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1998.08.02 12:55
Re: Nightline Nurb
Actually, I was at a crab cookout last night and one of my friends (a non-architect) said she saw some architects on TV saying how tremendously unfortunate it is that not only is America now so ugly, but, even worse, the average American doesn't even know that it is all ugly out there. References were made to strip malls and the like.
Just off the cuff, I would say that the packaged "beauty" of someplace like Seaside, FL is an unfortunate panacea.
I think my next design will be a gated community of messy vitality--a place where, for example, all the gas stations double as palaces, most of the houses are under huge modern canopies (a la Corbu's Weber Pavilion/today's American gas stations), and the whole population of the place is ugly and ordinary.
Thank God the twentieth century is now over!

1998.09.11 10:06
big sign now gone
With all the recent discussion here regarding Venturi, signage, semiotics, etc., I thought it worthwhile mentioning that the Venturi, Rauch & Scott Brown big BASCO building sign (in Northeast Philadelphia) is now gone. The demolition (which is what I assume happened) occurred fairly recently.
The building was bought by BEST soon after BASCO "built" the sign in the early eighties. Since BEST went out of business in the early nineties, the building and its big alphabet sign have been derelict.
It is indeed sad to see such a perfect example of "theory into practice" architecture relegated to the virtual existence of photographs.
Perhaps one lesson to learn here is that whenever architectural design is so closely tied to commercialism and consumerism, then its fate as something fleeting is almost guaranteed.

1998.11.13 15:11
Re: do tell
When I think of architecture and show, my mind makes all kinds of associations. First, I am hard pressed to think of an example of architecture that doesn't represent (show) something, and in that sense all architecture could be seen as some kind of show. Next, I think of how architecture is usually shown in photographs, that is, usually without people in the same picture. Could this be an indication of the autonomy that architects like to perceive in architecture? I'm reminded of a story an architect/friend's wife told about visiting Le Corbusier's Villa Savoye. There were a handful of other architects there, and not only were all the architects taking virtually the same pictures, but they were all making sure not to get each other in any of the pictures. I immediately thought the best pictures would have been of the architects doing this; at least that would have been a unique set of pictures.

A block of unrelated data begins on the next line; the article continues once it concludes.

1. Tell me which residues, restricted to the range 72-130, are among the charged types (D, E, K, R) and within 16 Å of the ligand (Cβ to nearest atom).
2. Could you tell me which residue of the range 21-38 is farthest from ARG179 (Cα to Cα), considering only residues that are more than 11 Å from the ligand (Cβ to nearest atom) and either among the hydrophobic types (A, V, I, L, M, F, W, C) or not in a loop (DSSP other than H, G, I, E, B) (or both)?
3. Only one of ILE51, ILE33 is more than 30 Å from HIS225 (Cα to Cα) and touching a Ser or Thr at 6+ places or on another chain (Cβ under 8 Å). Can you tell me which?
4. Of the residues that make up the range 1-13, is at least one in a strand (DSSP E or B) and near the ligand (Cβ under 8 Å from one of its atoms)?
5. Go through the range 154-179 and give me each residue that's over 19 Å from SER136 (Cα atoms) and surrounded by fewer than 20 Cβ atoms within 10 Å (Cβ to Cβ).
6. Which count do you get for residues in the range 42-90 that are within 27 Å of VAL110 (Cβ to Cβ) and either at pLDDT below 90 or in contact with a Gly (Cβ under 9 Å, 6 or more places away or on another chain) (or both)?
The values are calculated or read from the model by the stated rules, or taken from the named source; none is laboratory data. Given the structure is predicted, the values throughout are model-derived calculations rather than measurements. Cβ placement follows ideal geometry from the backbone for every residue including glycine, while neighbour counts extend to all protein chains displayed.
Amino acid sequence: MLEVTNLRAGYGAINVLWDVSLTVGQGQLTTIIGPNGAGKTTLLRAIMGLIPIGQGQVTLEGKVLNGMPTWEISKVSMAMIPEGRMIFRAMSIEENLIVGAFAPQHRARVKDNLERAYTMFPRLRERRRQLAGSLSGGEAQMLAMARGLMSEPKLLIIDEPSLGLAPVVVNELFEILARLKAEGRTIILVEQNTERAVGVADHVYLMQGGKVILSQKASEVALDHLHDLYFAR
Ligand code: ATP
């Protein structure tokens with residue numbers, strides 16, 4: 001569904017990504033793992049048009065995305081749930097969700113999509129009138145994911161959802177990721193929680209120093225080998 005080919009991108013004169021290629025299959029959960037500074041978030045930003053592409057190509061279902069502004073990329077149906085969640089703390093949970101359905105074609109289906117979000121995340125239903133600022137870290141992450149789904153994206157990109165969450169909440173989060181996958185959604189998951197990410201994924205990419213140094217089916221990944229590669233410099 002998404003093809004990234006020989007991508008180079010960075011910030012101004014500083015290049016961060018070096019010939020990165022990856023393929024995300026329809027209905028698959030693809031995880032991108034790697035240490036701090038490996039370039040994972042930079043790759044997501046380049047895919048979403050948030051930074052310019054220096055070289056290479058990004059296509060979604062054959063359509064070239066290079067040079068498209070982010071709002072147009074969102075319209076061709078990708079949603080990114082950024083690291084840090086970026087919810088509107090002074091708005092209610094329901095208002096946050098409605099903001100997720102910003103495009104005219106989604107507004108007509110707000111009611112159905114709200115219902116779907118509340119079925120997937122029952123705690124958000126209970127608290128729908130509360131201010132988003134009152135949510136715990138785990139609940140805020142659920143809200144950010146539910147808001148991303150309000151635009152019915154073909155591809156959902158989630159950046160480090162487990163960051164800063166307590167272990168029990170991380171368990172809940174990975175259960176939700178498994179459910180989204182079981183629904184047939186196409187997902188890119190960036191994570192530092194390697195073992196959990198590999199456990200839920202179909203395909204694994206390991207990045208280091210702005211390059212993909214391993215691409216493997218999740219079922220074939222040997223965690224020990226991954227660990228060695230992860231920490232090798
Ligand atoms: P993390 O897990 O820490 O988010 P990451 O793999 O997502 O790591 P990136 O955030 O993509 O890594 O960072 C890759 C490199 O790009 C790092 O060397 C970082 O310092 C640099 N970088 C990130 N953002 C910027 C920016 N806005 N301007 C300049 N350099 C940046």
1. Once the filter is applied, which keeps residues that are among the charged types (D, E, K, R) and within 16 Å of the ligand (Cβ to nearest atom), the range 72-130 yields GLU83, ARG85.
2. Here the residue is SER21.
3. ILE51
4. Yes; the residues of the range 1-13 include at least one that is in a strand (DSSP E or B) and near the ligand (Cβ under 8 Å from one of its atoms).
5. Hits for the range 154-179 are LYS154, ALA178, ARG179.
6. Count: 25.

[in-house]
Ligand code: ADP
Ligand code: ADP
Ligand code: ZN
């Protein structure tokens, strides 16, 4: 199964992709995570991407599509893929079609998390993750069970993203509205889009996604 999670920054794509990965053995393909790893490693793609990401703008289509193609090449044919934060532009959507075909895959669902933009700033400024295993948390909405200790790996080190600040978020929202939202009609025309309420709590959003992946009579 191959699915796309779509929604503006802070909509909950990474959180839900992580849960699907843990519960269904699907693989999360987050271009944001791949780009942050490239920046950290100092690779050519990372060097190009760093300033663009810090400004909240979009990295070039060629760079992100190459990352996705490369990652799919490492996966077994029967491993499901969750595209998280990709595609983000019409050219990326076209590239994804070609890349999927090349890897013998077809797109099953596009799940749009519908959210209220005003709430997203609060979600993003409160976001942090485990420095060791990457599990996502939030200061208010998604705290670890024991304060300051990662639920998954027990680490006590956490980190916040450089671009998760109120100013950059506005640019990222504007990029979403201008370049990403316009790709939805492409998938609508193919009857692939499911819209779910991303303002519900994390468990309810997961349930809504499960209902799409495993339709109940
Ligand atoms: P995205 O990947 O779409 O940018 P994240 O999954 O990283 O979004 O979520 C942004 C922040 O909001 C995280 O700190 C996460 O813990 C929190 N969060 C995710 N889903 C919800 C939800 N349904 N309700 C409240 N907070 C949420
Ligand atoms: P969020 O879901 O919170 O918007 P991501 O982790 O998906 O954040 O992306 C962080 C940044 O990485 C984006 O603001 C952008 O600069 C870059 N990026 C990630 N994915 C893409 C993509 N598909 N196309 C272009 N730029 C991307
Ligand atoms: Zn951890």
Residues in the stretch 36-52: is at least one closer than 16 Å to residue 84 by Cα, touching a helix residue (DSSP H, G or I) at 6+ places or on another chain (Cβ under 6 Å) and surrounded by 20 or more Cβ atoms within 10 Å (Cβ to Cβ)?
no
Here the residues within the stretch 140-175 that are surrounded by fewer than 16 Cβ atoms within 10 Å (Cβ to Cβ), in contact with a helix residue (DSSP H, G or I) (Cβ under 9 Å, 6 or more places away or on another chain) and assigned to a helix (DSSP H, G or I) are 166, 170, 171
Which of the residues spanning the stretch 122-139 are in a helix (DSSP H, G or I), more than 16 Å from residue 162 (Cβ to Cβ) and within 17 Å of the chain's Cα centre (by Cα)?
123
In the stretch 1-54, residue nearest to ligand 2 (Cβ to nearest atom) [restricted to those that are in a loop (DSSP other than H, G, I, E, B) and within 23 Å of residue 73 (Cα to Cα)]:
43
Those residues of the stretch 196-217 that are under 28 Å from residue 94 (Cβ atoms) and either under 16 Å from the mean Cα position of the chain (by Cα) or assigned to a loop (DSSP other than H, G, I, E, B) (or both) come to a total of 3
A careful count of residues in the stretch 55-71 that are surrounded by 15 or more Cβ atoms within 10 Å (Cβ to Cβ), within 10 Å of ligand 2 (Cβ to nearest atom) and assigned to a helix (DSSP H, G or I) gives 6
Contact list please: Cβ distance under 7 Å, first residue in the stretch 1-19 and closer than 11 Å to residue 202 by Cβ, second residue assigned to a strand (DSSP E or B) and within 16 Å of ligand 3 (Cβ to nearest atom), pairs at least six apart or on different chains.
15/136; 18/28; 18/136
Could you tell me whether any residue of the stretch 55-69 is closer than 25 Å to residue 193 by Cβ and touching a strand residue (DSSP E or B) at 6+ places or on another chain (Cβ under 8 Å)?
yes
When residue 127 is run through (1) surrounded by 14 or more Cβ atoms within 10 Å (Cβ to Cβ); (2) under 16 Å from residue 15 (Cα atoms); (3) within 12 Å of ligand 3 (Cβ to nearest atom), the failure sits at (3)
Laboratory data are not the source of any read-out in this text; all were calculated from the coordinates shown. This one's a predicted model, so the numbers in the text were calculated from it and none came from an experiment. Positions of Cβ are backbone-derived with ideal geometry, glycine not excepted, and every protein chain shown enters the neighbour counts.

1998.12.02 11:20
Re: def: AutoCAD Architecture
With regard to "flatness", take a look at Louis Kahn's first independent building commission - Ahavath Israel Synagogue, Philadelphia, 1935. My point being that "flatness" is an architectural aesthetic with a long history and very much independent of CAD. There are also some Venturi, Scott Brown and Associates buildings that absolutley revel in their flatness, e.g., any of the 1980s and 1990s university laboratory buildings. I also suggest you read you read Tom Wolfe's The Painted Word, within which you will find an analysis of the flatness of 1960s POP art.

1998.12.02 20:54
Re: def: AutoCAD Architecture
I am a big fan of Le Corbusier's late work, especially the unbuilt projects. Although he hasn't stated as much (as far as I know), Koolhaas is very much inspired by Le Corbusier's late work, in particular the Palais des Congrès, 1964.

1998.12.05 11:30
assimilating architecture?